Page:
Sunday, July 31, 2011


Last week, I had a hankering for cheesecake. John didn't eat cheesecake for years (mostly because of the whole lactose-intolerant thing), but since we found Lactofree cream cheese, there's nothing between us and amazing cheesecake.

I saw the recipe for Berry Shortbread Cheesecake in the August Good Food, and had to make it. My only quibble is that they made it in a loaf tin, rather than in a loose-bottomed pie pan. I have NO idea how they got it out of the loaf tin looking like it does on the website. Mine came out, er, in a blob. Looks lovely with raspberries on the top and tasted delicious, but a 0/10 for presentation. Did I miss something? I lined the tin with parchment paper and everything...

The fruit at the supermarket (and from our back yard, thank you, raspberries) has been delicious. I love the "ripen at home" peaches and nectarines. YUM. With blueberries. And icing sugar. Because John accidentally topped up the sugar bowl with icing sugar, so now it's a silly half-and-half mix that we need to use up before we can start over. Poor me.

Thursday, July 28, 2011

Coming down with something?

Achy, tired, and generally blah.

Remedy: husband cooked dinner, poured me some ginger ale, and tucked me in with the quilt, my bears, and my laptop. Oh, and the latest LLBean and Boden catalogues, this month's BBC Good Food, and my library books. Could be worse.

And because I can't post without a picture, here's some gooseberry crumble, from last week. YUM.

Sunday, July 24, 2011

Initial design: NY Rangers Heritage Jersey quilt

My brother doesn't really like stuff - he is a fan of fairly spartan living. After he saw pictures of the Tufted Tweets quilt, he asked if I would make him a quilt. Wait, you want a quilt? Like pieces of fabric sewn together that will sit on your couch? You're sure? Ok, then.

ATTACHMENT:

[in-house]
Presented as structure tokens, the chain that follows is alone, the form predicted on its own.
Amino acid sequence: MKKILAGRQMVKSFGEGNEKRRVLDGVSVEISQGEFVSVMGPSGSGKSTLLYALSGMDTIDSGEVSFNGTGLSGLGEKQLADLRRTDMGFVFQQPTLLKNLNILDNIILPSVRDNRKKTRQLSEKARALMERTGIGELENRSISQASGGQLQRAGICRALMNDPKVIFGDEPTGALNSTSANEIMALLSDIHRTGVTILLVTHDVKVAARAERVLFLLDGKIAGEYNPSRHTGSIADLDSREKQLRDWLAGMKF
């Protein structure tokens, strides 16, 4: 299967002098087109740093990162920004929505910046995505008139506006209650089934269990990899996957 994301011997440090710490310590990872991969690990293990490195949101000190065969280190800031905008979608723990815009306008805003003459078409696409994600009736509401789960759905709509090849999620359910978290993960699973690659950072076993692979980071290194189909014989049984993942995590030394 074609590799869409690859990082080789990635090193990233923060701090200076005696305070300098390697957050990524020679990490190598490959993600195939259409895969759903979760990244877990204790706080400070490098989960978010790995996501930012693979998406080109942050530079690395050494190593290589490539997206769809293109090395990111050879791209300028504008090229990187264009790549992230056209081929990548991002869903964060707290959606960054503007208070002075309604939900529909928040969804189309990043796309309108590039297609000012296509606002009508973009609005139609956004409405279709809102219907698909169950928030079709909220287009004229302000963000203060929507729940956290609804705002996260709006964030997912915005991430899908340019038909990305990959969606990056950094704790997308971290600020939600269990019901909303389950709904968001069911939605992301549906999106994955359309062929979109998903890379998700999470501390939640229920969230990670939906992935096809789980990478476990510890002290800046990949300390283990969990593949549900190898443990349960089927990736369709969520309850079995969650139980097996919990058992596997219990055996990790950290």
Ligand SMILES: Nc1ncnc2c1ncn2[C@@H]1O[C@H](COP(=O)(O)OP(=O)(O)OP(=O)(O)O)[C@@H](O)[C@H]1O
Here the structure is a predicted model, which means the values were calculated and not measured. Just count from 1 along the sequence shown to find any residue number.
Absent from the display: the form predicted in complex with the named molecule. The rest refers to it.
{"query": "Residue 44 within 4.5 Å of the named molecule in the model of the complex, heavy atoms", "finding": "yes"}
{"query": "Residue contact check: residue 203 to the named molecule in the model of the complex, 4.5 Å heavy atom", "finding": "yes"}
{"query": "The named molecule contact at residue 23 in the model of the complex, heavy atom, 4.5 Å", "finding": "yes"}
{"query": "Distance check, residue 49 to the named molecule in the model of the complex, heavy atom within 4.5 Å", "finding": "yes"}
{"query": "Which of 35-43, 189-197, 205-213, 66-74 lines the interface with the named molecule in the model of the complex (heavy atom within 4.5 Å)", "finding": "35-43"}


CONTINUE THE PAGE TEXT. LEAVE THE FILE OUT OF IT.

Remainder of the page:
I asked if he had any particular designs in mind, and he said that he'd like a NY Rangers quilt. Specifically, one inspired by their new Heritage Jersey. Thank you, google image search. I looked around online and unlike the NBA, MLB, and NCAA, the NHL do NOT license fabric. Ok, fine. I also checked Flickr and the interwebs in general and there don't seem to be many (any?) Rangers quilts out there.

This is the design I've come up with:

My brother is a huge bike geek, so when I found this fabric on Spoonflower, I was pretty excited. I'm going to use it for the red stripe at the bottom, and possibly some of the applique. I'm definitely going to use it on the back, as well.

bicycle symbol red and white

The plan is to find a few different blues (possibly in a super-fun adventure to Purl Soho when I'm in NYC in September), and then applique the NEW YORK onto the quilt. I hope he likes it. I haven't decided what to use for the binding yet - white (will it get too dirty?), more red, a blue and red stripe, or some other colour entirely.

Oh, and John has been making cinnamon raisin bread. Yummy.

Thursday, July 21, 2011

Review: Tess of the D'Urbervilles and Major Pettigrew's Last Stand

Major Pettigrew's Last Stand, by Helen Simonson, had been on my to-read list for a while. And no, it has nothing to do with Miss Pettigrew Lives For A Day.

I should have taken the hint from Alexander McCall Smith's blurb on the front, "A beautiful little love story."

As AMcS says, it's a love story, set in a village in Sussex, typically English (including the underlying currents of xenophobia and a healthy dose of NIMBY).

Major Pettigrew reminds me a little bit of my mom's cousin, Charles - extremely well-mannered, chivalrous to a fault, and very distinguished. I loved the character, and found his hapless son deliciously bad.

My only complaint about the book was the continuous rant against Red Brick Housing Estates Built On Former Fields. Well, I'm sorry, English Countryside peeps, but not all of us can afford to live in country houses.


My mother-in-law makes the Best Pies Ever - I helped with this one (I made the decoration) last weekend at a big family supper that we had. YUM.

On my Kindle, I've been plodding through Thomas Hardy's Tess of the D'Urbervilles. I quite liked the first half, but have now given up. Hardy just put one block after another in front of poor old Tess - I got tired of it. I was bad and gave up and read the Wikipedia entry about the plot and will now be moving on to the next book. Sorry, Tess.